I personally know no one who’s conducted this experiment (nor do I wish to know any such person).  The story has, however, informed marine biologist Daniel Pauly’s theory of ‘shifting baselines’- the idea that societies gradually acclimate to deteriorating environmental conditions.  

Finally, it’s worth mentioning an old Iranian proverb: "When the snake gets old, the frog gets him by the balls."  (See Embroideries by Marjane Satrapi). I can’t claim to understand the nuances of that particular maxim, but it sounds ominous.

The truth, of course, is that frogs ARE symbols of apocalypse… but only because they’re a mine-canary. Frogs have little effective separation from their environment. They exist in a perpetual state of osmosis, drinking every toxin, pathogen, and ray of ultraviolet light through their skin. 

Therefore, when chytrid fungus starts decimating ponds all throughout Idaho (and the world), or when chimeric, multi-legged mutant frogs start scaring school kids sick, we’d better be asking ourselves some serious questions about the root causes.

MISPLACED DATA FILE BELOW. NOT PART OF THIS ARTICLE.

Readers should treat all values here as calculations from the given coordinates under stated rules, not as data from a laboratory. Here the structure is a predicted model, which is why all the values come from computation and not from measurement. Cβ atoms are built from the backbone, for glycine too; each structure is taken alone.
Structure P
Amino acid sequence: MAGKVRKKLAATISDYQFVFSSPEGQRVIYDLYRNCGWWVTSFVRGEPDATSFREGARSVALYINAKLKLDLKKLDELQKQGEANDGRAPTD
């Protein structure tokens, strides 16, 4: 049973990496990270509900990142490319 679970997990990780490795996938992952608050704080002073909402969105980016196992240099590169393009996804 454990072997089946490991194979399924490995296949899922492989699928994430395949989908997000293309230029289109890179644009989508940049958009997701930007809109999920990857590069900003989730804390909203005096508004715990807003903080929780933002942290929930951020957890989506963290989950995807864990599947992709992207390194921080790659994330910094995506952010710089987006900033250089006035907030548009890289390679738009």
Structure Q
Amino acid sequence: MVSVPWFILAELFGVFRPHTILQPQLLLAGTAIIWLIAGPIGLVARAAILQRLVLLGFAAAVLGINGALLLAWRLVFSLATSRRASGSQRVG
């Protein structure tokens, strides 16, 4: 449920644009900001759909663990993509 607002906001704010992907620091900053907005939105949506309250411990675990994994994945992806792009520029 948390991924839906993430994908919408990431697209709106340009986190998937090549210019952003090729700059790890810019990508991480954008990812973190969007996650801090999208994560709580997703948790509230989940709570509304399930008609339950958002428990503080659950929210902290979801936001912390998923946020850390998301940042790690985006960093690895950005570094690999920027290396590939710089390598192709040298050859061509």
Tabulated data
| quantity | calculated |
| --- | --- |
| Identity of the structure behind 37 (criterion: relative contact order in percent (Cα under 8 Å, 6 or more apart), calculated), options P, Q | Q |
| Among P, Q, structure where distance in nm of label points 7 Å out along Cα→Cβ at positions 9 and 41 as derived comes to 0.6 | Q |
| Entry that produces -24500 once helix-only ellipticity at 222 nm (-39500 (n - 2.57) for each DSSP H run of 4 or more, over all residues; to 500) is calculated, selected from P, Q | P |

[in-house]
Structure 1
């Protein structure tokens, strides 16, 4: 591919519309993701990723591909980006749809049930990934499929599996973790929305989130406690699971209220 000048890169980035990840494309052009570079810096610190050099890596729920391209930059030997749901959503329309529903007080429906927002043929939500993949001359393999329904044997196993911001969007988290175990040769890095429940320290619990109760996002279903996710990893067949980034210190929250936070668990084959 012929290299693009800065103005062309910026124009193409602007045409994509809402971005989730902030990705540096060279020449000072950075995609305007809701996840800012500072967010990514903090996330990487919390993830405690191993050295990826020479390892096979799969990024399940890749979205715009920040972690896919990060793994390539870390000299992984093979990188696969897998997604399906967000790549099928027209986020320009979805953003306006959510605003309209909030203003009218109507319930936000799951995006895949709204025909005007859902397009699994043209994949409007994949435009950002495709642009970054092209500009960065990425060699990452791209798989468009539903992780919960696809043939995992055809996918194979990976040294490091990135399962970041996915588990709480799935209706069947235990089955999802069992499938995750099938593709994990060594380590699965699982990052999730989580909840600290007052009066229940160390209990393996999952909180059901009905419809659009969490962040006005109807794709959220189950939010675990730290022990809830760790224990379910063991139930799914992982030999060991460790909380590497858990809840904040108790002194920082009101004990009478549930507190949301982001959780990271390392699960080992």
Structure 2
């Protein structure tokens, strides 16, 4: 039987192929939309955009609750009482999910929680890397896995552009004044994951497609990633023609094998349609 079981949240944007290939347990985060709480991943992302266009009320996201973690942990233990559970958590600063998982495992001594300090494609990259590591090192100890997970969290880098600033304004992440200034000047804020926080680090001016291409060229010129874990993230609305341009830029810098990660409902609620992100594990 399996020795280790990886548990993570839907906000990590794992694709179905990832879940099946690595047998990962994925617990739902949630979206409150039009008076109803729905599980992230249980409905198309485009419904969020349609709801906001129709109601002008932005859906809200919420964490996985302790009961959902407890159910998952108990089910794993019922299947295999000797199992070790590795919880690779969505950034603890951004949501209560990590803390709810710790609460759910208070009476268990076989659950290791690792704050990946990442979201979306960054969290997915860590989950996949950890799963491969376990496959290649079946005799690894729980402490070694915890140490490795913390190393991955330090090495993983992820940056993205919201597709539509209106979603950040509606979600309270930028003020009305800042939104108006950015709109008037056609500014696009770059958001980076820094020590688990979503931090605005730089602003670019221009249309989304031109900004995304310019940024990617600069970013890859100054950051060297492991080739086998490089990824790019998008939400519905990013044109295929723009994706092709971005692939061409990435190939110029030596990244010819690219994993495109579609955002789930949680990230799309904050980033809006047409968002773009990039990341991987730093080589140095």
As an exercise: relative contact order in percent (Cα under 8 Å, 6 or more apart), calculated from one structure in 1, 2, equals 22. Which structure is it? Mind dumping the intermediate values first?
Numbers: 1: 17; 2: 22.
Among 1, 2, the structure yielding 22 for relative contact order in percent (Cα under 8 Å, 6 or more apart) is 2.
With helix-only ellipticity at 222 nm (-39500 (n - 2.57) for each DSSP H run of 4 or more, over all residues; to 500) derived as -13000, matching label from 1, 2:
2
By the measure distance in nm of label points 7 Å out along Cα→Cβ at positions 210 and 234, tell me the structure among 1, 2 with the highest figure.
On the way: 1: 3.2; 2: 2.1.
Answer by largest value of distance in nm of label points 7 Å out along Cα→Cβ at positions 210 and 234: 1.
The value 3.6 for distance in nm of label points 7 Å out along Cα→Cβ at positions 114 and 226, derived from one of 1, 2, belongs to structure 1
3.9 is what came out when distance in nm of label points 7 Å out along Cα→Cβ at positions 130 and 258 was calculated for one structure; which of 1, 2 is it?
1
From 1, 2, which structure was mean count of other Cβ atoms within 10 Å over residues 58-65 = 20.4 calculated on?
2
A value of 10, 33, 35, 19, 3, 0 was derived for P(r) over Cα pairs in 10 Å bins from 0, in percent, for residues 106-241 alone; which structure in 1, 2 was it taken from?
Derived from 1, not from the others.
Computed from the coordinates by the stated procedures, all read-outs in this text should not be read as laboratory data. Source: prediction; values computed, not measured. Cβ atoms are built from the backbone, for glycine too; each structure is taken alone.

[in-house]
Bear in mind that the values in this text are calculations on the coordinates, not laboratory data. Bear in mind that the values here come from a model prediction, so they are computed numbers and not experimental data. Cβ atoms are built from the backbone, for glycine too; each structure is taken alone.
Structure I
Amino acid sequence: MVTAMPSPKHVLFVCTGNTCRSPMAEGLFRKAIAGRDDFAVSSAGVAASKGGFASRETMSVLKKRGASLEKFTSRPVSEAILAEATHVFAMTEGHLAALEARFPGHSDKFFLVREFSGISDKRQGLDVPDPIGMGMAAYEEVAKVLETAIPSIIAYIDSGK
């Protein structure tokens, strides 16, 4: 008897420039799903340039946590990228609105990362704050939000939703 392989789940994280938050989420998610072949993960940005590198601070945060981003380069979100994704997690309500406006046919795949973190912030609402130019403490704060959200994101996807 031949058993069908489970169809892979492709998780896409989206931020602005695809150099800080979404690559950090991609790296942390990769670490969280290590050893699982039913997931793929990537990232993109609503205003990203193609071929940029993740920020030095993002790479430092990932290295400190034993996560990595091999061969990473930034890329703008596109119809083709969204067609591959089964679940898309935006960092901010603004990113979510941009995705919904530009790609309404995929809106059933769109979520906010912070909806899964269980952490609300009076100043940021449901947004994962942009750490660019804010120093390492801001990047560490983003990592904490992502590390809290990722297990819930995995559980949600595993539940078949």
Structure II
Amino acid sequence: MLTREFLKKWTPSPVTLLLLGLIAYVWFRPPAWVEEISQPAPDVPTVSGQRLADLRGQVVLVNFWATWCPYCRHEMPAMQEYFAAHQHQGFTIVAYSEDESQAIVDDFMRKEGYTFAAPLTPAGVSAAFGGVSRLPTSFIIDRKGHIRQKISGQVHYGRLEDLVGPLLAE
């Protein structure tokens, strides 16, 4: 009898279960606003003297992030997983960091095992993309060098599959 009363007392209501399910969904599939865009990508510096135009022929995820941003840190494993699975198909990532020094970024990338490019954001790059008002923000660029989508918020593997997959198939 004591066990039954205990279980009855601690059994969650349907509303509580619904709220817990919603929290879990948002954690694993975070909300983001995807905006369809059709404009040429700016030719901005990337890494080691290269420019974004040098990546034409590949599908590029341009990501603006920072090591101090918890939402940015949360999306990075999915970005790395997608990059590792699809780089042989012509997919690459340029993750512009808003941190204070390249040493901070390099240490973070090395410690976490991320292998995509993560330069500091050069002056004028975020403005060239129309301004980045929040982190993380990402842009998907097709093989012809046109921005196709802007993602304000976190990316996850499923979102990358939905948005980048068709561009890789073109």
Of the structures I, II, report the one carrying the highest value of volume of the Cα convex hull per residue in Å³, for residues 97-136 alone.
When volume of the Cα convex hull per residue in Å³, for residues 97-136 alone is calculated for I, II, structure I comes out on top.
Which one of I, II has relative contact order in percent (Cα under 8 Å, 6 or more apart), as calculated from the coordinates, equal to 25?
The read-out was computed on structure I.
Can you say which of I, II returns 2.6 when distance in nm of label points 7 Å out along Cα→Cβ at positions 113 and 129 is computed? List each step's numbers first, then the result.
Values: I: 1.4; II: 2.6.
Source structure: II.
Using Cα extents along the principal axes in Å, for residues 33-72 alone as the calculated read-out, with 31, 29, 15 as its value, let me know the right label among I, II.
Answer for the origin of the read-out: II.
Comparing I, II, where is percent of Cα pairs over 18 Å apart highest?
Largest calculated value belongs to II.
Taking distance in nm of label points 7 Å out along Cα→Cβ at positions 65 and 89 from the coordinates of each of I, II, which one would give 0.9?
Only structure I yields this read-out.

Which is why it’s all the more soul-satisfying to read about Paedophryne amauensis.

Little Paedophryne (the word literally means ‘child-like toad’) all but vanishes into the surface of a dime.  The researchers who were surveying the back corners of New Guinea initially detected it through a whispering of untraceable, insectile vocalizations. It wasn’t until they hand-filtered a couple metric tons of forest duff that the found the frogs themselves.

There are whole worlds of ramified life in places like New Guinea that we’ve only begun to catalog. Many are smaller than a dime, but there’s still the odd Saola or Northern Sierra Madre Forest Monitor Lizard out there.
Anyhow, Chevy can keep its end-times hysteria. There’s something in the discovery of a 3/10 inch frog that elicits the opposite emotion.